I would like to add attributes to a Django models programmatically. At class creation time (the time of the definition of the model class). The model is not going to change after that in run time. For instance, lets say I want to define a Car model class and want to add one price attribute (database column) per currency, given a list of currencies. (This list of currencies should be considered a constant that won't change runtime. I don't want a related model for these prices.)

What would be the best way to do this?

I had an approach that I thought would work, but it didn't exactly. This is how I tried doing it, using the car example above:

from django.db import models

class Car(models.Model):
    name = models.CharField(max_length=50)

currencies = ['EUR', 'USD']
for currency in currencies:
    Car.add_to_class('price_%s' % currency.lower(), models.IntegerField())

This does seem to work pretty well at first sight:

$ ./manage.py syncdb
Creating table shop_car

$ ./manage.py dbshell
shop=# \d shop_car
                                  Table "public.shop_car"
  Column   |         Type          |                       Modifiers                       
 id        | integer               | not null default nextval('shop_car_id_seq'::regclass)
 name      | character varying(50) | not null
 price_eur | integer               | not null
 price_usd | integer               | not null
    "shop_car_pkey" PRIMARY KEY, btree (id)

But when I try to create a new Car, it doesn't really work anymore:

>>> from shop.models import Car
>>> mycar = Car(name='VW Jetta', price_eur=100, price_usd=130)
>>> mycar
<Car: Car object>
>>> mycar.save()
Traceback (most recent call last):
  File "<console>", line 1, in <module>
  File "/Library/Frameworks/Python.framework/Versions/2.6/lib/python2.6/site-packages/django/db/models/base.py", line 410, in save
    self.save_base(force_insert=force_insert, force_update=force_update)
  File "/Library/Frameworks/Python.framework/Versions/2.6/lib/python2.6/site-packages/django/db/models/base.py", line 495, in save_base
    result = manager._insert(values, return_id=update_pk)
  File "/Library/Frameworks/Python.framework/Versions/2.6/lib/python2.6/site-packages/django/db/models/manager.py", line 177, in _insert
    return insert_query(self.model, values, **kwargs)
  File "/Library/Frameworks/Python.framework/Versions/2.6/lib/python2.6/site-packages/django/db/models/query.py", line 1087, in insert_query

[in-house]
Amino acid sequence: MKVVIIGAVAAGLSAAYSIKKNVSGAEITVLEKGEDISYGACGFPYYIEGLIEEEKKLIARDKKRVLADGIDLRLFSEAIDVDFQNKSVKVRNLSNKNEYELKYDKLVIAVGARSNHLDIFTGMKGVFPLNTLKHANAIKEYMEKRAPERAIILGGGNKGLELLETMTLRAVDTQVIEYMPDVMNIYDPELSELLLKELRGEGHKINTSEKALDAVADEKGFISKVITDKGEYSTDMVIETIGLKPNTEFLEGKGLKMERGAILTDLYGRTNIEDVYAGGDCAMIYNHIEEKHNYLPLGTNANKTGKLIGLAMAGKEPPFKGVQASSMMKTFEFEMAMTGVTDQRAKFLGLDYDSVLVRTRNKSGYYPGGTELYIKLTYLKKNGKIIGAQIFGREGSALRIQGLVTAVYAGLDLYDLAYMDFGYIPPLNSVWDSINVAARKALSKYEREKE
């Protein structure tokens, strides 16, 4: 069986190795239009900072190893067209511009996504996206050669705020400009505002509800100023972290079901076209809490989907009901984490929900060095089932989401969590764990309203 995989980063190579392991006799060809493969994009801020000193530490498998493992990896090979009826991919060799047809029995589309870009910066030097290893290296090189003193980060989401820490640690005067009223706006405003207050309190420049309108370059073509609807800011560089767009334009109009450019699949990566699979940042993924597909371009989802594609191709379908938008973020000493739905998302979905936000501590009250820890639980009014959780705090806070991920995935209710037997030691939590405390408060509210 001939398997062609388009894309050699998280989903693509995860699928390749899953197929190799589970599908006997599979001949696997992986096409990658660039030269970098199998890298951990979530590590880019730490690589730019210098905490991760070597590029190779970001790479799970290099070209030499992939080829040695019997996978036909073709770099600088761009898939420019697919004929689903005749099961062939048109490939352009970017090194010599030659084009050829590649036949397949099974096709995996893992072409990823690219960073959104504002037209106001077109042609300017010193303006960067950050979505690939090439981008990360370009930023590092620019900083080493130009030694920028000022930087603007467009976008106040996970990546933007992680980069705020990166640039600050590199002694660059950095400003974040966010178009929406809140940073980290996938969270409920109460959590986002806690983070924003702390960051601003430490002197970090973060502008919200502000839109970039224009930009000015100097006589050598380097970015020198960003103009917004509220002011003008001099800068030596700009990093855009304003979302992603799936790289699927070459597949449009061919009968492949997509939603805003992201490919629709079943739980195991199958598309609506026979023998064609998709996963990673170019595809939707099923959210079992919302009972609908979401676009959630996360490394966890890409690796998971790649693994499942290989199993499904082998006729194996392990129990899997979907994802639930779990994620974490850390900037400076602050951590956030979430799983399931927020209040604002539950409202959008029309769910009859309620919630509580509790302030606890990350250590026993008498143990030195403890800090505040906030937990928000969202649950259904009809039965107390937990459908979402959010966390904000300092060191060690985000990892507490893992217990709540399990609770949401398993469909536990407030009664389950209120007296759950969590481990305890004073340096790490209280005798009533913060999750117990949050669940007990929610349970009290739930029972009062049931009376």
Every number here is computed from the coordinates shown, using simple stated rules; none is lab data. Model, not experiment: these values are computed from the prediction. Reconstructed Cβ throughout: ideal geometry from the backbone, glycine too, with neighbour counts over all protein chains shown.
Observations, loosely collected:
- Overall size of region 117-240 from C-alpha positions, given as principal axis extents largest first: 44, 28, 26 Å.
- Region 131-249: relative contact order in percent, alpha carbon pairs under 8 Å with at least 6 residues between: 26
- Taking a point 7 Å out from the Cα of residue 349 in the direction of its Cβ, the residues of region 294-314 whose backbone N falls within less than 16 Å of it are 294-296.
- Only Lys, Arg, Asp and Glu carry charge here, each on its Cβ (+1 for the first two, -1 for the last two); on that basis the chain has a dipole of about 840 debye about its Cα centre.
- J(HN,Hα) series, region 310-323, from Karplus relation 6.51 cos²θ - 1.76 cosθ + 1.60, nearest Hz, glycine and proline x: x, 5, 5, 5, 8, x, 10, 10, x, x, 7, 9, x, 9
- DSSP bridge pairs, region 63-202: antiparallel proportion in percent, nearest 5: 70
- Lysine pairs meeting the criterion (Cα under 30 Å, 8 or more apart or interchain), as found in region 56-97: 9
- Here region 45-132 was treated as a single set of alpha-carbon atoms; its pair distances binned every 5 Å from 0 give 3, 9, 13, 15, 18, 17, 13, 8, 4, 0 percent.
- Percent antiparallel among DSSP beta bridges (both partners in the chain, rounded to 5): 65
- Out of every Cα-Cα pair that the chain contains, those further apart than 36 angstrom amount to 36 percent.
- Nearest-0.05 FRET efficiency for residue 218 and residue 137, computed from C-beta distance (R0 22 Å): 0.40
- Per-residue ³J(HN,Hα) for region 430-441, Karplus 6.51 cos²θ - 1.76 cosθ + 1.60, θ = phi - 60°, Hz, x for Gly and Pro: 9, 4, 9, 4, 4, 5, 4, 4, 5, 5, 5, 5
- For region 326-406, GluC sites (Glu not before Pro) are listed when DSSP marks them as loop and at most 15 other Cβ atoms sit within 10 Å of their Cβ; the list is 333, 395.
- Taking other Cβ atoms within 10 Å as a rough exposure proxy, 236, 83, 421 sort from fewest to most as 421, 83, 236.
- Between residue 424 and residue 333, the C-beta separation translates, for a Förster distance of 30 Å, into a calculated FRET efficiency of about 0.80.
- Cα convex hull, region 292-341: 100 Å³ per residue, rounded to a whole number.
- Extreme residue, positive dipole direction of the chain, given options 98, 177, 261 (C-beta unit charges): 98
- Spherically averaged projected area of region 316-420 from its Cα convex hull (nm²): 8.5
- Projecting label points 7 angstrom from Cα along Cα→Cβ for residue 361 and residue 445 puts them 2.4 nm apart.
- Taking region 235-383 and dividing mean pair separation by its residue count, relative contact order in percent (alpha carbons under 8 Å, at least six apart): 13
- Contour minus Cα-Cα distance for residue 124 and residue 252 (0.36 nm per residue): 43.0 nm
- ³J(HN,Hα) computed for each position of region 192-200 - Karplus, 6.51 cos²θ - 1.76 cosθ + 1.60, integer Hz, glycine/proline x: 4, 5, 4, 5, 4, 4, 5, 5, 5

return query.execute_sql(return_id)
  File "/Library/Frameworks/Python.framework/Versions/2.6/lib/python2.6/site-packages/django/db/models/sql/subqueries.py", line 320, in execute_sql
    cursor = super(InsertQuery, self).execute_sql(None)
  File "/Library/Frameworks/Python.framework/Versions/2.6/lib/python2.6/site-packages/django/db/models/sql/query.py", line 2369, in execute_sql
    cursor.execute(sql, params)
  File "/Library/Frameworks/Python.framework/Versions/2.6/lib/python2.6/site-packages/django/db/backends/util.py", line 19, in execute
    return self.cursor.execute(sql, params)
ProgrammingError: column "price_eur" specified more than once
LINE 1: ...NTO "shop_car" ("name", "price_eur", "price_usd", "price_eur...

Apparently, though, my code seem to run several times, causing the "price_eur" attribute to be added several times.

Comment: Initially I used the wording "at run time" ("I would like to add attributes to a Django models programmatically, at run time."). This wording wasn't the best. What I really want to was to add those fields at "model definition time" or "class creation time".

  • On a related note - I know it is ugly to add fields programatically in this way. A more "beautiful" way would be to use a related model. But that is not the question here, as added database complexity and reduced performance in this case is simply not worth it. – mojbro Mar 23 '10 at 16:00
  • "reduced performance"? Have you measured it? You'll be hard-pressed to see the effect of this kind of exact-match relational join. – S.Lott Mar 23 '10 at 17:45
  • @S.Lott: Yes. I haven't measured exactly this particular case, but I have examples with large datasets (at one side of the join) where additional SQL joins have simply been the big performance issue in certain queries. You could off course be right that in this particular case it might not have that big effect. – mojbro Mar 24 '10 at 6:10
  • This is not a large dataset. This is a few prices in different currencies. Try it and see. It's easy to rig up both models with fake data and get performance numbers. Often getting performance numbers is much more valuable than exploring tricky, subtle code. – S.Lott Mar 24 '10 at 10:25

The still not nice, but nicer than using locals solution is to use Field.contribute_to_class:

for currency in currencies:
    models.IntegerField().contribute_to_class(Car, 'price_%s' % currency.lower())

I used it for MPTT (for which I've been a very bad maintainer *hides*)

Edit: On second thoughts, your code was working fine (Car.add_to_class calls the field's contribute_to_class for you) but the problem seems to be that the code to add the additional fields is being executed multiple times, so your model thinks it needs to save multiple fields with the same name. You need to put something in there to make sure you only dynamically add the fields once.

django.db.models.fields.Field.contribute_to_class calls django.db.models.options.Options.add_field (the object's _meta attribute is an instance of an Options), which doesn't check to see if a field with that name already exists and happily adds the field details to the list of fields it knows about.

  • Great! I think my main issue then is that I used add_to_class rather than contribute_to_class. And yup, I agree it's a bit ugly. My entire question is a bit ugly I suppose. – mojbro Mar 23 '10 at 16:03
  • Hey, you gotta do what you gotta do :) – Jonny Buchanan Mar 23 '10 at 16:20